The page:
Paul: it was like being so obvious about “here’s what we’re learning kids”which is the ultimate way of not only turning off your audience but offending them as well. You are treating them like they are stupid. One thing we learned from rugrats is that Kids are not stupid at all, and they are going to watch these things [Rugrats episodes] five thousand times, they are going to get it. The theme doesn’t have to be that explicit, If you say it once, they are going to hear it. When its all done they will have seen “Chuckie versus the pottie” Five Hundred Thousand times and it will be driven into their minds. We just didn’t agree with [the consultants], we thought it was bad teaching. After about two hours we were like “oh my god, we CAN’T have an educational consultant on the show, he’ll just ruin it.
John started out, “I got nothing against all these people, they are my colleagues, but I want to read you something.” And he read a Supertramp song, and said “that’s what you need, that’s what childhood is all about.” I can’t remember what the song was but we said “we love this guy”. So we showed him our pilot. Ever since that moment he’s been not exactly a partner but he felt like part of the team. He gets involved in the conversation when the FCC gets involved and thinks we are doing something that’s too violent, tries to come up with solutions and he’s always giving us ideas. He functioned as someone to help us always stay consistent with our message, not necessarily always being clear. Or if we are doing something that’s just wrong.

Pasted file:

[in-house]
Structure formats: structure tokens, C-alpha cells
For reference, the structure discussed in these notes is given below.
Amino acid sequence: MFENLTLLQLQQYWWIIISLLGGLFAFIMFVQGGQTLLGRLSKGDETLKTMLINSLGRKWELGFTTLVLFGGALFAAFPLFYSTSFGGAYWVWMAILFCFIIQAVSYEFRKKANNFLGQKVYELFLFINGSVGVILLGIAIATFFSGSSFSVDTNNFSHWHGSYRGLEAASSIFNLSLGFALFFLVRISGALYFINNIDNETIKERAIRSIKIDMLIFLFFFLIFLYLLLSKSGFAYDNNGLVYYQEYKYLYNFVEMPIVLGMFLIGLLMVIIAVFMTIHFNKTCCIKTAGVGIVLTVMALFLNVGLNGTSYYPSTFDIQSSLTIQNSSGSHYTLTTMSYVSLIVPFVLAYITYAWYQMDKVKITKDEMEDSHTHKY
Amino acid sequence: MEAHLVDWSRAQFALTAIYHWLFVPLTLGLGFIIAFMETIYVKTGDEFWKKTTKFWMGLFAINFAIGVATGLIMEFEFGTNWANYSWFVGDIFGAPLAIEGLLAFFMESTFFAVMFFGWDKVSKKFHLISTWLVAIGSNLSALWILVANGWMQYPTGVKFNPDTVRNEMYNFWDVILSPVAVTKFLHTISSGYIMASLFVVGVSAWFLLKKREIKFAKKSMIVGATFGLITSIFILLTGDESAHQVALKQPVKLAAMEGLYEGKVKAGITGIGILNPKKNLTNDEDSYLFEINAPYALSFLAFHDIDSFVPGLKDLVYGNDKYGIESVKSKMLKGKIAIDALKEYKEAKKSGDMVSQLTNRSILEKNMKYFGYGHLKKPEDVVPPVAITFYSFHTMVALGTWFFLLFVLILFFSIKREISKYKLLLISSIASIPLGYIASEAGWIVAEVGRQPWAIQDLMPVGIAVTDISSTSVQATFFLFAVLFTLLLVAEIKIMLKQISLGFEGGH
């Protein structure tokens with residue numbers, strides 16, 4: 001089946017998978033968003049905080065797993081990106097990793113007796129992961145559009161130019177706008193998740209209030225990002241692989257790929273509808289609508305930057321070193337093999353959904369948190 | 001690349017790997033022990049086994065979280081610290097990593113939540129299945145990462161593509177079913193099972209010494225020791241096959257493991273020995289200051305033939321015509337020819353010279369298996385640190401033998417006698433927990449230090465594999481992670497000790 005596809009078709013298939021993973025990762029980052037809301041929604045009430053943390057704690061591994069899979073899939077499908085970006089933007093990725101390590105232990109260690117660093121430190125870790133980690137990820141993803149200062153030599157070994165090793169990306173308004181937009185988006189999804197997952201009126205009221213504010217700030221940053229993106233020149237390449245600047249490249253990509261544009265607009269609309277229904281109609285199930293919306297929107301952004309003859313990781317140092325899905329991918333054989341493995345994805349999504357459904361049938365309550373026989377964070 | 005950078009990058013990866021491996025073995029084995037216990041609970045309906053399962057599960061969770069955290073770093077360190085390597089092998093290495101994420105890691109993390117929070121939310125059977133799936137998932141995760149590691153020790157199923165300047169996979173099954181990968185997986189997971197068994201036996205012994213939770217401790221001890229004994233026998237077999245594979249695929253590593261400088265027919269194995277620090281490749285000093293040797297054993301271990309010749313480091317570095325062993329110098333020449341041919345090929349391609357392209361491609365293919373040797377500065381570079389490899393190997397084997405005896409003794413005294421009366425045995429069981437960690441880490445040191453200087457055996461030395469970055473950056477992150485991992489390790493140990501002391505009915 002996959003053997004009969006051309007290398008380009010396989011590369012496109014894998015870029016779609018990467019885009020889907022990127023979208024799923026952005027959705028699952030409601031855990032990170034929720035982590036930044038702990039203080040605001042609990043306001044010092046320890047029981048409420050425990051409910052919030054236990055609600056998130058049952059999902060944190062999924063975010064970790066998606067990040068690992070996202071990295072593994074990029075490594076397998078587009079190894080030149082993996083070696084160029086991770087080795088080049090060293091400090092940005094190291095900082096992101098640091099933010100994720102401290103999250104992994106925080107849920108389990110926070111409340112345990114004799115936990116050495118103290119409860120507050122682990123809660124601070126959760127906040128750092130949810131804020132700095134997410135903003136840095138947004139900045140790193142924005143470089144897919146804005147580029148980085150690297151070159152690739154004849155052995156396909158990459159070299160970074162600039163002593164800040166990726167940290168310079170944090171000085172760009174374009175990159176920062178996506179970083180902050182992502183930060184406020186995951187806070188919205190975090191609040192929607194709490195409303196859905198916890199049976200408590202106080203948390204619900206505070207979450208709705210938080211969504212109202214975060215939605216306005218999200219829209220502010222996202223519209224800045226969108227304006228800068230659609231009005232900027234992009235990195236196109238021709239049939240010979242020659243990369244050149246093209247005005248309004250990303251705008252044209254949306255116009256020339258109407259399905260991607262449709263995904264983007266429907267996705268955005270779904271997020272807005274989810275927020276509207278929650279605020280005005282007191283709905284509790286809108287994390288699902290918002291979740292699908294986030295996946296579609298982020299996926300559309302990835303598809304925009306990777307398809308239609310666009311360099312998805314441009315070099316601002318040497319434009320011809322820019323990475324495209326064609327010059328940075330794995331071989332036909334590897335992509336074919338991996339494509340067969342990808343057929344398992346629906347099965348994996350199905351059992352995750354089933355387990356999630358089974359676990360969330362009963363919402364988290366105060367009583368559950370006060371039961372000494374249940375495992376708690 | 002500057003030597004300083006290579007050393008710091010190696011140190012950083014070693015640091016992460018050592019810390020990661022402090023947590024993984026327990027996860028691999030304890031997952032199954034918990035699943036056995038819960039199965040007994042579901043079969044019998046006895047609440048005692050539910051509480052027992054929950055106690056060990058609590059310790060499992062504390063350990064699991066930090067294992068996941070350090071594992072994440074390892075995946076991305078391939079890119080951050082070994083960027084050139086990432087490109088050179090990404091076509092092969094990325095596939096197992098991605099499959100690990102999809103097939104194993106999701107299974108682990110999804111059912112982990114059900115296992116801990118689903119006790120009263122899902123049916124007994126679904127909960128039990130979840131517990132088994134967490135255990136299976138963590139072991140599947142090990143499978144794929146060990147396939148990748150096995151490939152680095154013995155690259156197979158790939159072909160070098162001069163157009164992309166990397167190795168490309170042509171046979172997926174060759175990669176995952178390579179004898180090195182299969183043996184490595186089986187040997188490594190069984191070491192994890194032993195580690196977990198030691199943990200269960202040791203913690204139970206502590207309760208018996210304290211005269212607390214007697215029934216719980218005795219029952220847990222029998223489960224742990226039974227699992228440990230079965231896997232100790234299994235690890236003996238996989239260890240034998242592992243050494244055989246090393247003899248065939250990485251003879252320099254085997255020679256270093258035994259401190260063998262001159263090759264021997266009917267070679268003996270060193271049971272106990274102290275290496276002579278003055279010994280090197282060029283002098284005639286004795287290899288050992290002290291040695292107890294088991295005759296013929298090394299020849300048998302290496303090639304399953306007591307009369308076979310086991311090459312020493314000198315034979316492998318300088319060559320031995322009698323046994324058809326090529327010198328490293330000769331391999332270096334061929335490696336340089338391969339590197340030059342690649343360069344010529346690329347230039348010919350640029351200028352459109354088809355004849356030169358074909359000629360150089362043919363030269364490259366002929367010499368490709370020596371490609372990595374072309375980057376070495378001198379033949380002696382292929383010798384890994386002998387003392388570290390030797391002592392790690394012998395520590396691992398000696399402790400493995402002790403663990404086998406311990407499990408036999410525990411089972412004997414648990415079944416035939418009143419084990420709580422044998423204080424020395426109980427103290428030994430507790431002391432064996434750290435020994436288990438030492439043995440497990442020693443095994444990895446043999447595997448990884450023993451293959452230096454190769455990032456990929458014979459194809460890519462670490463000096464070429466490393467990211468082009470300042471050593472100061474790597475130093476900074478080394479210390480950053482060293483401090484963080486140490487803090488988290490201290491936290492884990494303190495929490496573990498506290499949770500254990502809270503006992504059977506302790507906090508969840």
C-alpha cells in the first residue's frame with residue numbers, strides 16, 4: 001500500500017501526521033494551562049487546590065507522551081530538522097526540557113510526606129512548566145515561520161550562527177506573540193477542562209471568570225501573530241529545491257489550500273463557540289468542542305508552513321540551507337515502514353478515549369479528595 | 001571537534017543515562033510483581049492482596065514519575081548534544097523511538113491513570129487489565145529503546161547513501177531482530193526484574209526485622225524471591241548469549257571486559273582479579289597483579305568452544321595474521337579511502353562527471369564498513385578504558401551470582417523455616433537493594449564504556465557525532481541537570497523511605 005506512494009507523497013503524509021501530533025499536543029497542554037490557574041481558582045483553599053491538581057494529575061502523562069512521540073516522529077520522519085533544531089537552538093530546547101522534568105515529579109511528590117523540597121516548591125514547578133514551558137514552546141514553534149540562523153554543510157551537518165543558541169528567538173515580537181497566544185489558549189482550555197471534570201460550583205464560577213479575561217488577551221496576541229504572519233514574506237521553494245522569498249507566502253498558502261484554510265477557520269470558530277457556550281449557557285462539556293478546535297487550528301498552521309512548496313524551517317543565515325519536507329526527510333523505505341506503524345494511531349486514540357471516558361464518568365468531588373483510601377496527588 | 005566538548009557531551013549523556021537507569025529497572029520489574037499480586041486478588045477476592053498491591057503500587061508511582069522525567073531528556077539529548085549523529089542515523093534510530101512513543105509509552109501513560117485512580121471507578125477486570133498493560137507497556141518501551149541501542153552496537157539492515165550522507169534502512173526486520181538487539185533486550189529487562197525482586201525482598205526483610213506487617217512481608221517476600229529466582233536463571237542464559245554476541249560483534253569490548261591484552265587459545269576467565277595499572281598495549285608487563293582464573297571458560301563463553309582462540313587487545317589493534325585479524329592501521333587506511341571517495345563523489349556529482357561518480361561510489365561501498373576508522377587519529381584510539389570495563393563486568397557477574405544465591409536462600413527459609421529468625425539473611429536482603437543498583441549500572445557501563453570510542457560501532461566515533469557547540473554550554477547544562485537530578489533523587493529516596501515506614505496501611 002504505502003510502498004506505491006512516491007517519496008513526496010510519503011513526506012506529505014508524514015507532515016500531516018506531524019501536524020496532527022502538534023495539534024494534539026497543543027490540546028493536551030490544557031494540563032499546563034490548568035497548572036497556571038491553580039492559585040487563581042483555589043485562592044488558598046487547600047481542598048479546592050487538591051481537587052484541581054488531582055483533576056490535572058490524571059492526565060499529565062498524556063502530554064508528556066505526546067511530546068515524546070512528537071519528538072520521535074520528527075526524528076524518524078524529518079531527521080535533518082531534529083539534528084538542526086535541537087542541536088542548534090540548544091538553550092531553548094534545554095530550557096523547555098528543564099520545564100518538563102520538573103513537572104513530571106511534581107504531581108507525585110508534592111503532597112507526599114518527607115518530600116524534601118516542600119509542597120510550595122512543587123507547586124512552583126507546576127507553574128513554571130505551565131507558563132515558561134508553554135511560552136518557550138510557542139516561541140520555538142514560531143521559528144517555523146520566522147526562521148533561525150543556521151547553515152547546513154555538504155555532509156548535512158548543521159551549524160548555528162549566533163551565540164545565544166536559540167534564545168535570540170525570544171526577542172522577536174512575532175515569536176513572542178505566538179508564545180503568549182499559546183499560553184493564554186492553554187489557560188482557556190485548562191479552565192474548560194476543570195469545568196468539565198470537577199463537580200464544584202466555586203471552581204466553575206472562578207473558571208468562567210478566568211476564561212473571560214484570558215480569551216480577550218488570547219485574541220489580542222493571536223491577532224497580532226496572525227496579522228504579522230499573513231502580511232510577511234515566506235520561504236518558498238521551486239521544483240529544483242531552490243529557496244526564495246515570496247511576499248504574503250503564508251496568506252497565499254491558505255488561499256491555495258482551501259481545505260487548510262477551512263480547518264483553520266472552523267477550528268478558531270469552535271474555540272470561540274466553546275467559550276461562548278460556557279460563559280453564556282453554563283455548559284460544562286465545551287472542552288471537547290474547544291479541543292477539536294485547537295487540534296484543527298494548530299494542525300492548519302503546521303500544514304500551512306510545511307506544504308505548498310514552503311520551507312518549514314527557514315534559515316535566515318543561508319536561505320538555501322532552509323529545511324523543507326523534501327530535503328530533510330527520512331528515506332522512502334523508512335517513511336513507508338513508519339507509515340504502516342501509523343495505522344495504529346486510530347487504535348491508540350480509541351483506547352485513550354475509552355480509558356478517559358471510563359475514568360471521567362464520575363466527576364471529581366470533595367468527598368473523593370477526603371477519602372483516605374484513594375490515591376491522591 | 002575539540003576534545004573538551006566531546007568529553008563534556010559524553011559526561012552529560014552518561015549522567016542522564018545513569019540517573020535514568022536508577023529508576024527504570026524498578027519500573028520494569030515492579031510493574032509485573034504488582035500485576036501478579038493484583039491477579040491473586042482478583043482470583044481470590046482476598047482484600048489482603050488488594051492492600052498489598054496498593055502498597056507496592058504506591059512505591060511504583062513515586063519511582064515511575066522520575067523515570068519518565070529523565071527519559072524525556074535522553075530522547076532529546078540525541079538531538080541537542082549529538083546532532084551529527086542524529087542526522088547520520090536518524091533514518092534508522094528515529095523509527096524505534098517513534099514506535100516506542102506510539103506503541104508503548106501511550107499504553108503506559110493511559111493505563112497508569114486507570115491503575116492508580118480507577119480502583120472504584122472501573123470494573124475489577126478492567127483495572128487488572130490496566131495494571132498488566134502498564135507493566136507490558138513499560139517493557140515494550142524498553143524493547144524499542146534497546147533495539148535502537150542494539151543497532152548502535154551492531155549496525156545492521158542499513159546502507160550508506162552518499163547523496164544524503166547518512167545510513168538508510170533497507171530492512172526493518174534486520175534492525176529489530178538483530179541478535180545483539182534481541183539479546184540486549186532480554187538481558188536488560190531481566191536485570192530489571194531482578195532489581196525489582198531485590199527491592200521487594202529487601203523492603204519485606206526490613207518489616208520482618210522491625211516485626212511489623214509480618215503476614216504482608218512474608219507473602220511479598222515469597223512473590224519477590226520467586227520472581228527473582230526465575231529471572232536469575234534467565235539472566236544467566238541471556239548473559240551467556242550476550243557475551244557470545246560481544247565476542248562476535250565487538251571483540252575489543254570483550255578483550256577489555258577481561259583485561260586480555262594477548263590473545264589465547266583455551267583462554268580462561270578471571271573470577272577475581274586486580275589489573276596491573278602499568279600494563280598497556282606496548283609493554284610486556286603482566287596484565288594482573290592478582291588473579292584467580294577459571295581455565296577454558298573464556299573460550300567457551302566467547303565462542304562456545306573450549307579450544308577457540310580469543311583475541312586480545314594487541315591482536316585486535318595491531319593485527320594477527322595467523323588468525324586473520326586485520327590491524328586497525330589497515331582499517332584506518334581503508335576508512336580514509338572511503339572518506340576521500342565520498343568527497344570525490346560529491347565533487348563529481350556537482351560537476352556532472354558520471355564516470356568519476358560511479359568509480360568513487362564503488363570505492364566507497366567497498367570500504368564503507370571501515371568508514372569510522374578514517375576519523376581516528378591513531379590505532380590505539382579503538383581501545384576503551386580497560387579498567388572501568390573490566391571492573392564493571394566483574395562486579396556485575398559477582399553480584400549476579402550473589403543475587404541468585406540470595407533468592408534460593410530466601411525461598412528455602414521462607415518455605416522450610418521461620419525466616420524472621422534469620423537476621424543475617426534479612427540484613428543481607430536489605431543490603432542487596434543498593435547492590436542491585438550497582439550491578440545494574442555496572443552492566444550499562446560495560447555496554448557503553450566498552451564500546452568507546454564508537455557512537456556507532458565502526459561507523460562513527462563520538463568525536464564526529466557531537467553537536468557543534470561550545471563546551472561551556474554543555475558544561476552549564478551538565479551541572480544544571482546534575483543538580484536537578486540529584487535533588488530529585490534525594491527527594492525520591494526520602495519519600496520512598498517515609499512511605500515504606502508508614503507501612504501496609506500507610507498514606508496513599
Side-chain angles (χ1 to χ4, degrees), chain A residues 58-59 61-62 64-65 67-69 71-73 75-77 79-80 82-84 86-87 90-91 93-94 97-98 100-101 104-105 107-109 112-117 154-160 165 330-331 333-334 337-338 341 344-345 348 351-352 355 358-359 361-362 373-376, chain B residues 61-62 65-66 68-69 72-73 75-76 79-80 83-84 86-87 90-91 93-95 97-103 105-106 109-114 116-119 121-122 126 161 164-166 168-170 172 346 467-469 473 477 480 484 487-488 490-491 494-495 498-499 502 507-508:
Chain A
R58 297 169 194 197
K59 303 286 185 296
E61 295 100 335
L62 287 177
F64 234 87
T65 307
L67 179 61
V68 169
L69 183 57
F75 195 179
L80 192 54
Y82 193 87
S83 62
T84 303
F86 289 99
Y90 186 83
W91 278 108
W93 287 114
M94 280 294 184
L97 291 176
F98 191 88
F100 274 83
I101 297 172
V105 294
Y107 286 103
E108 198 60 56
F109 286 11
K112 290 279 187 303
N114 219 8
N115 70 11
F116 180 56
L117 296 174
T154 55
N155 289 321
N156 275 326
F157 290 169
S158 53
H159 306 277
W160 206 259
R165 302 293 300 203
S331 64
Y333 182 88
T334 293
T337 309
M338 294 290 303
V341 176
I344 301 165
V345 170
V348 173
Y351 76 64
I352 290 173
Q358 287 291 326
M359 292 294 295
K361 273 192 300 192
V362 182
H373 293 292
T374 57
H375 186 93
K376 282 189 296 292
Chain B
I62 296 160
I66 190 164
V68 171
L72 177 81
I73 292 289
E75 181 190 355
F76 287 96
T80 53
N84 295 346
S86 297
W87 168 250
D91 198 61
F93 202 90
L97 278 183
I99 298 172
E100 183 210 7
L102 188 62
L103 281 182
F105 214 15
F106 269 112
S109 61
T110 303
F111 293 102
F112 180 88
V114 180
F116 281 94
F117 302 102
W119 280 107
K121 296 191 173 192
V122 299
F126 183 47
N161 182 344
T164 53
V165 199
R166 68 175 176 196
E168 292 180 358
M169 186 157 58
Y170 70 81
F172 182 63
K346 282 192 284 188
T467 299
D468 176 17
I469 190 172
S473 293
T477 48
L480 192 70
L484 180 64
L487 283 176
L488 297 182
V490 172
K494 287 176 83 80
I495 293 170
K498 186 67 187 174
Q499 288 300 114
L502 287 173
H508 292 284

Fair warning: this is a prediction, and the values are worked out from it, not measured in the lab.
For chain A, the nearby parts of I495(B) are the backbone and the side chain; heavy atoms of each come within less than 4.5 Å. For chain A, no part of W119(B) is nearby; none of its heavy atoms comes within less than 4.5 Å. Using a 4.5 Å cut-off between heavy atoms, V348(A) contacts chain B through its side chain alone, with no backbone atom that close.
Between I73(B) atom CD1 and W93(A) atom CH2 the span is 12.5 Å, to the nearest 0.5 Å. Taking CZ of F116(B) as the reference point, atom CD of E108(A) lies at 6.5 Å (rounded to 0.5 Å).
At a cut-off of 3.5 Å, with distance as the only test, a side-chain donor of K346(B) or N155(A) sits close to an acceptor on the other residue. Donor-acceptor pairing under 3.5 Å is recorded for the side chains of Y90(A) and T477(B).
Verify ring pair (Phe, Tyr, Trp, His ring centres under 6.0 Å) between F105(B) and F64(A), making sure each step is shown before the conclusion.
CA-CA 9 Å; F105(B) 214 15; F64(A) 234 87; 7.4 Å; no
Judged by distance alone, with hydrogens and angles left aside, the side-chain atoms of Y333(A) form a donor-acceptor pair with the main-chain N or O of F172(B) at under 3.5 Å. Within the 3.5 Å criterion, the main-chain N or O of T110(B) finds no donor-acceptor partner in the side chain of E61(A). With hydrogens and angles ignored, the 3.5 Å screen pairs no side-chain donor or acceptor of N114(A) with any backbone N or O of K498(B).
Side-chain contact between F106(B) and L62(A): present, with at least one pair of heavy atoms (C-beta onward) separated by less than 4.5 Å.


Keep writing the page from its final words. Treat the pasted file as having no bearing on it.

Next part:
Joe: For example, we wanted to do a bully episode from the beginning. Here’s how a bully episode is always done on television from Andy Griffith up til now. The kid being bullied finally confronts the bully and the bully says, “hey, I don’t want to fight” and the bully backs down. We thought, that’s bullshit. When I stood up to a bully, I got creamed, that is what really happens. This conversation went on for a month. What did we want to say to a kid that is being picked on by a bully? The conclusion we came to was to back down or stand up to him. You have to do it but you might get beat up. So the kid, because he stood up to the bully and got creamed, inspired the other kids to, as a group, to stand up to him, which is a little bit of a fantasy too. The people at ABC, who are good people, looked at the script and said, “you can’t say this, this is violence, we’re not here to put violence on TV.” And John, rather than being part of the problem, said, “look, we aren’t showing violence in order to be entertaining. This isn’t Luke Skywalker or John Wayne pulling out a gun and shooting people. This is the repercussions of what your actions are going to be.” I think its a much more honest answer to give kids. That’s what we are trying to do, we are trying to be as honest as we can and still be entertaining.
Paul: I think good kids literature should help a kid become a better person. I want it to be primarily entertaining, because if you aren’t entertaining, forget it, they aren’t going to be there for you anyway.